We tried for Hoppers on 2 consecutive Fridays. On both occasions we arrived a little after 6pm and the queue was already 3-hrs long. Seeing it's open all day on Saturdays, the game plan was to get there before 5pm, ahead of the dinner crowd and hope for a table around 6pm. Got our names down at 5:30 and got seated at 7pm - even better.
We were a bit giddy. Partly because we finally managed to snag a table here without a 3-hr wait, but mostly because we felt so in control - we understood the menu. The items didn't seem alien to us, because we had seen most of them during our time in Sri Lanka. I liked that feeling. So when our server recommended us the Ceylonese spit chicken, we looked at each other with a knowing look, a mutual understanding that a split chicken was not what we queued for, because there were no spit chicken in Sri Lanka. Instead we went for string hoppers and kothu, hopefully the more authentic items as opposed to the 'inspired' recipes.
The Masala buttermilk was certainly an acquired taste. It reminded us of the spiced yoghurt drink we had on the posh train to Agra from New Delhi. His Sambol Garita cocktail was certainly strong, if not exotic.
Bonemarrow Varuval, Roti
We didn't rule out all the London-centric items on the menu though. The bone marrow was lick-the-plate-clean kind of delicious. The melty morsels of bone marrow were deeply immersed in a delectable concoction of fragrant masala powder and spices. Even the slightly pasty roti could be forgiven.
String Hoppers, Kiri Hodi, Pol Sambol
The string hoppers turned out to be slightly different to what we had anticipated. Instead of a soup-like coconut curry like the one we had for breakfast, Hoppers' version had a much thicker consistency that resembled a dip, served with sambal. Though the string hoppers were nice and fluffy, we preferred the more watery variety to drown our hoppers in, or perhaps we just needed more coconut curry dip, much more dip.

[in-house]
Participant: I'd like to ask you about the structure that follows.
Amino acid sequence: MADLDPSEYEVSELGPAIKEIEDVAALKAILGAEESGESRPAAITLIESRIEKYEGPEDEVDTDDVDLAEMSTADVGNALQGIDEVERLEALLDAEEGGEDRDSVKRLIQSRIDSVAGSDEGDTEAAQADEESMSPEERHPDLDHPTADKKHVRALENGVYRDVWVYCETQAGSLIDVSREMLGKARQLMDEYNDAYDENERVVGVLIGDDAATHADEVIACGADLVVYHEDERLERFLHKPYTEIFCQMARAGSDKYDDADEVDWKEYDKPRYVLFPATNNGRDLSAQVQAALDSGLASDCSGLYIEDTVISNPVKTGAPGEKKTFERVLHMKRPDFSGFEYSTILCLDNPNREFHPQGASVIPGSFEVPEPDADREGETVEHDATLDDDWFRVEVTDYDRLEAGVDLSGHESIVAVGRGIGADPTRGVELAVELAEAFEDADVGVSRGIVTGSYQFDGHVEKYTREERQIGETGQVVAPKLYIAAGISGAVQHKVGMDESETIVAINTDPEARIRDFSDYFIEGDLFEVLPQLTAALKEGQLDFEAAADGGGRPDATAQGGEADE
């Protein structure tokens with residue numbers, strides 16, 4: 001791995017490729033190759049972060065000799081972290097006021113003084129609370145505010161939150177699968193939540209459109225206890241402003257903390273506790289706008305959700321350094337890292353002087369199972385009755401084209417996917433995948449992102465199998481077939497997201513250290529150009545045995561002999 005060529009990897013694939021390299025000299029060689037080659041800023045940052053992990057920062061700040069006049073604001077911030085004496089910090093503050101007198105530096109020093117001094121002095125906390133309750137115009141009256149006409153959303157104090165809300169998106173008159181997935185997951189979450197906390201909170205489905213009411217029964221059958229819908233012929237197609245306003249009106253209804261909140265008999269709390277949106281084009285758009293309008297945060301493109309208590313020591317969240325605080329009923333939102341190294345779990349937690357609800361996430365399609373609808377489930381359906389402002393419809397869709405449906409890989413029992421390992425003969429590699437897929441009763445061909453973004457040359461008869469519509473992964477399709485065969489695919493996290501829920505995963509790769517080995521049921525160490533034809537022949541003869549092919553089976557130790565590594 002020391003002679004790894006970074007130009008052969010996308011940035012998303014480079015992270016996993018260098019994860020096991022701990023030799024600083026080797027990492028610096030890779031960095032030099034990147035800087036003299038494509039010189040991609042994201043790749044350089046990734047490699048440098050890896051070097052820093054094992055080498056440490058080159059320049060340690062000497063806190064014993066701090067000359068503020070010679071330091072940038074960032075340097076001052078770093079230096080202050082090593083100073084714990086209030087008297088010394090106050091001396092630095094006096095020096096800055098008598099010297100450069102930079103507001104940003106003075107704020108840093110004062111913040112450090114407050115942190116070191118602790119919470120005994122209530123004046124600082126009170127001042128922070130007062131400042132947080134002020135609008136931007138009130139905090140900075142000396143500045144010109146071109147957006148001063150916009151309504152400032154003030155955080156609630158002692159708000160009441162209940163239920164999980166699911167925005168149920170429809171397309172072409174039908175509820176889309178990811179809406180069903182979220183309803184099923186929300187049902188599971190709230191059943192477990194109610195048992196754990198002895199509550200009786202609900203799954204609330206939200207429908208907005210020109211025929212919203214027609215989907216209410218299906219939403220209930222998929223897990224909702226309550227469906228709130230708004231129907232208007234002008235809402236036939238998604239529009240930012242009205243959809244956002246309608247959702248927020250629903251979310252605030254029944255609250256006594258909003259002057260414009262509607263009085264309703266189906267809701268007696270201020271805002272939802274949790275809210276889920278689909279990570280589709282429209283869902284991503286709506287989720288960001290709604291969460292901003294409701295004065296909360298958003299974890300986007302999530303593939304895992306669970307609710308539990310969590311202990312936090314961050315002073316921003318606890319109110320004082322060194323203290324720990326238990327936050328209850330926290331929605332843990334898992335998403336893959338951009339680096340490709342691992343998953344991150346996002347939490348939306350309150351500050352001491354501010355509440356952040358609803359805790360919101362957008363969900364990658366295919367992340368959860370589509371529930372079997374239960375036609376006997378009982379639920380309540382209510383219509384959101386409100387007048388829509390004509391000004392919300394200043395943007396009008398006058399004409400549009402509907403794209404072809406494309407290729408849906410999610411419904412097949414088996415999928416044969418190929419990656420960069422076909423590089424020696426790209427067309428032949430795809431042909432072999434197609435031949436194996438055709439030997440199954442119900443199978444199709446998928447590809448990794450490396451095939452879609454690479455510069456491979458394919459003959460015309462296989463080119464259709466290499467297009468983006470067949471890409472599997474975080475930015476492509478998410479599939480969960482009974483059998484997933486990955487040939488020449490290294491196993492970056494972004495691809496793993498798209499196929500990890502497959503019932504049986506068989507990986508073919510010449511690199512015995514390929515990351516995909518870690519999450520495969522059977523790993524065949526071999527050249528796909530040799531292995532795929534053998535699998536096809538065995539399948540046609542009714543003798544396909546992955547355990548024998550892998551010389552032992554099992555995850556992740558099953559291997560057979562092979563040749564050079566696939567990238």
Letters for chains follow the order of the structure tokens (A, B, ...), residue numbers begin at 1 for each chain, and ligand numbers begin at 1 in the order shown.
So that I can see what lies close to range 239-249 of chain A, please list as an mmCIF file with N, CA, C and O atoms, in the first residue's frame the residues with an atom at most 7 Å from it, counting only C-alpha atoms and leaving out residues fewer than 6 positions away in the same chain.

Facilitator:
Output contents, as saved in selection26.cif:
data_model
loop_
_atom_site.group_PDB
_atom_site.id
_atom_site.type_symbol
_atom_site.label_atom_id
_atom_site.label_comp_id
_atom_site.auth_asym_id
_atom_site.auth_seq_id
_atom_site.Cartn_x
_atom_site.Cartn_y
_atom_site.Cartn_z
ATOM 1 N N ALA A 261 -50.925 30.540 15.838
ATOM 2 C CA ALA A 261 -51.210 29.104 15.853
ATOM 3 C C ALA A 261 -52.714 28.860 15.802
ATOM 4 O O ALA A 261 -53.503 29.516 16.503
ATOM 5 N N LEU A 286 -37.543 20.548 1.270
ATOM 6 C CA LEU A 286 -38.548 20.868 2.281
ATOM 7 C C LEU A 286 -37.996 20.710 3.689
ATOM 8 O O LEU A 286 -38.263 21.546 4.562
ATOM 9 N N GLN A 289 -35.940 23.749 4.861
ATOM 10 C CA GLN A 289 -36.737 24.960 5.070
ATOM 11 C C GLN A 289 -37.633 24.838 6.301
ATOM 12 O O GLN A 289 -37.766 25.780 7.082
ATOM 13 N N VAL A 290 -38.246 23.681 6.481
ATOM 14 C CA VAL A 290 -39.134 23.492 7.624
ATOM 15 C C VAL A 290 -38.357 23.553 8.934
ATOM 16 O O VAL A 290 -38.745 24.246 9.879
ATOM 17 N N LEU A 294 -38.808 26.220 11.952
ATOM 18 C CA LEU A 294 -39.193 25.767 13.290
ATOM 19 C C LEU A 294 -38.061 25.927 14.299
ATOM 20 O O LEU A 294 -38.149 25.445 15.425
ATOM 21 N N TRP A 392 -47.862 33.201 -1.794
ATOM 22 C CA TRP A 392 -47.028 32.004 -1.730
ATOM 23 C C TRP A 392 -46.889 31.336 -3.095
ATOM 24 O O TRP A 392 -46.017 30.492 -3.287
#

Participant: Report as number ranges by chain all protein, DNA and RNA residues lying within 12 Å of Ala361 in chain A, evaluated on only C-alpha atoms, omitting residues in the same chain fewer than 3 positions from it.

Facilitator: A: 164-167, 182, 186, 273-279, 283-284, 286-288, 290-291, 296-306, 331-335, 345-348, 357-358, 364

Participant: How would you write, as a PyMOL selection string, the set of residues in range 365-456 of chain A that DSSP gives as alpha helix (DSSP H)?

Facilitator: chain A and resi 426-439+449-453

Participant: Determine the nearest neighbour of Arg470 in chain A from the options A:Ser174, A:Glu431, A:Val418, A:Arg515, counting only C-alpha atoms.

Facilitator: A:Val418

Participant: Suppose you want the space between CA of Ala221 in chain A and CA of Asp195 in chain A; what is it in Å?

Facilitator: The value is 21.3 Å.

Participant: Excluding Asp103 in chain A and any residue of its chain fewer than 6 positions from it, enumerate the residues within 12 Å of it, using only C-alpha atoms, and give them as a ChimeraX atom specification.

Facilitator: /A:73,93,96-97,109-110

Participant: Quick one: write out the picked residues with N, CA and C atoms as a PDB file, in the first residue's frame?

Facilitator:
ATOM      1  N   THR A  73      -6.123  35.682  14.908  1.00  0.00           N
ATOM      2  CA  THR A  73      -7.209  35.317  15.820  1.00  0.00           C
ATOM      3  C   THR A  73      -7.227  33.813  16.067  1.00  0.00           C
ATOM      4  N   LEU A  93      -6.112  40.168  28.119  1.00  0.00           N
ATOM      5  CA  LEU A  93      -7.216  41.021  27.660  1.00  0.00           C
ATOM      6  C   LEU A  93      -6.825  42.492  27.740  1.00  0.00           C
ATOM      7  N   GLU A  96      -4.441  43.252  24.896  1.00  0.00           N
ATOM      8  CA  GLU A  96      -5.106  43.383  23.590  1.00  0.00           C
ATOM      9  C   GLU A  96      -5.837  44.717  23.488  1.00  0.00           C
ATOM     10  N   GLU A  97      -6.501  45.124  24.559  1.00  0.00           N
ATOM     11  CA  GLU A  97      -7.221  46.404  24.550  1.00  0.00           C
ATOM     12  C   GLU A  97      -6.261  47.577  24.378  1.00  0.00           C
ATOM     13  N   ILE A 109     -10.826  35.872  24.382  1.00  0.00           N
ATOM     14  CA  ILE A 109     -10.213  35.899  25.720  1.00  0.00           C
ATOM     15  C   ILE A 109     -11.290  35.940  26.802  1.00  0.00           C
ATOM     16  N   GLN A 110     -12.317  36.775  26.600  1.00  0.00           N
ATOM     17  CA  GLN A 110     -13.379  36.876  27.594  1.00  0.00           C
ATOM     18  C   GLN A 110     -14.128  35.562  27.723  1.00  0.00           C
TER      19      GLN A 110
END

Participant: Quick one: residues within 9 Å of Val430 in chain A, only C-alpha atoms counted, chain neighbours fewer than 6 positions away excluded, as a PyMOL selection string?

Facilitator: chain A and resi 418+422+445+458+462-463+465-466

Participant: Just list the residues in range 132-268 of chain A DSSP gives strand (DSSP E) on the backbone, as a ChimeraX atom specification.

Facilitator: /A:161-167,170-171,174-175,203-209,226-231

Lamb Kothu Roti
The kothu was excellent; the only thing missing was the racket it makes in the kitchen. The large chunks of lamb were tender and thoroughly marinated with spices, mixed on grill with shreds of chewy roti, onions and eggs. Just like what we had on holiday, but minus the MSG - even better! We decided we’d most likely end up ordering this kothu each and every time we came back, definitely more likely than the spit chicken. And yes at that point we had already decided this place was worth waiting in the queue again.
He thought there was almost a 1:1 ratio of lamb and roti... I think he was just very good at picking out the meats.
Fish Kari & Egg Hoppers
The egg hopper was massive! At least 50% bigger than what we've seen. We debated if it was to cater for European appetites, justify the £4.5 price tag or they just don't have the right utensils (the terrible cynic in me). Most importantly it was thin and crispy around the edge, with a soft and airy centre that held a perfect runny egg. The fish Kari was a bit meh; whilst it was not unejoyable, it wasn't particularly exciting either - just lacked depth and powerful flavours.
We loved Hoppers - short and appealing menu with unique offerings, supported by a strong kitchen team that's not shy on showcasing the robust flavours in Sri Lankan cuisine. Dishes are slightly tweaked to cater for the London crowd without compromising authenticity. It was worth the 90min wait and we’d stick to the same game plan next time. No restaurant is worth a 3-hr wait.
49 Frith Street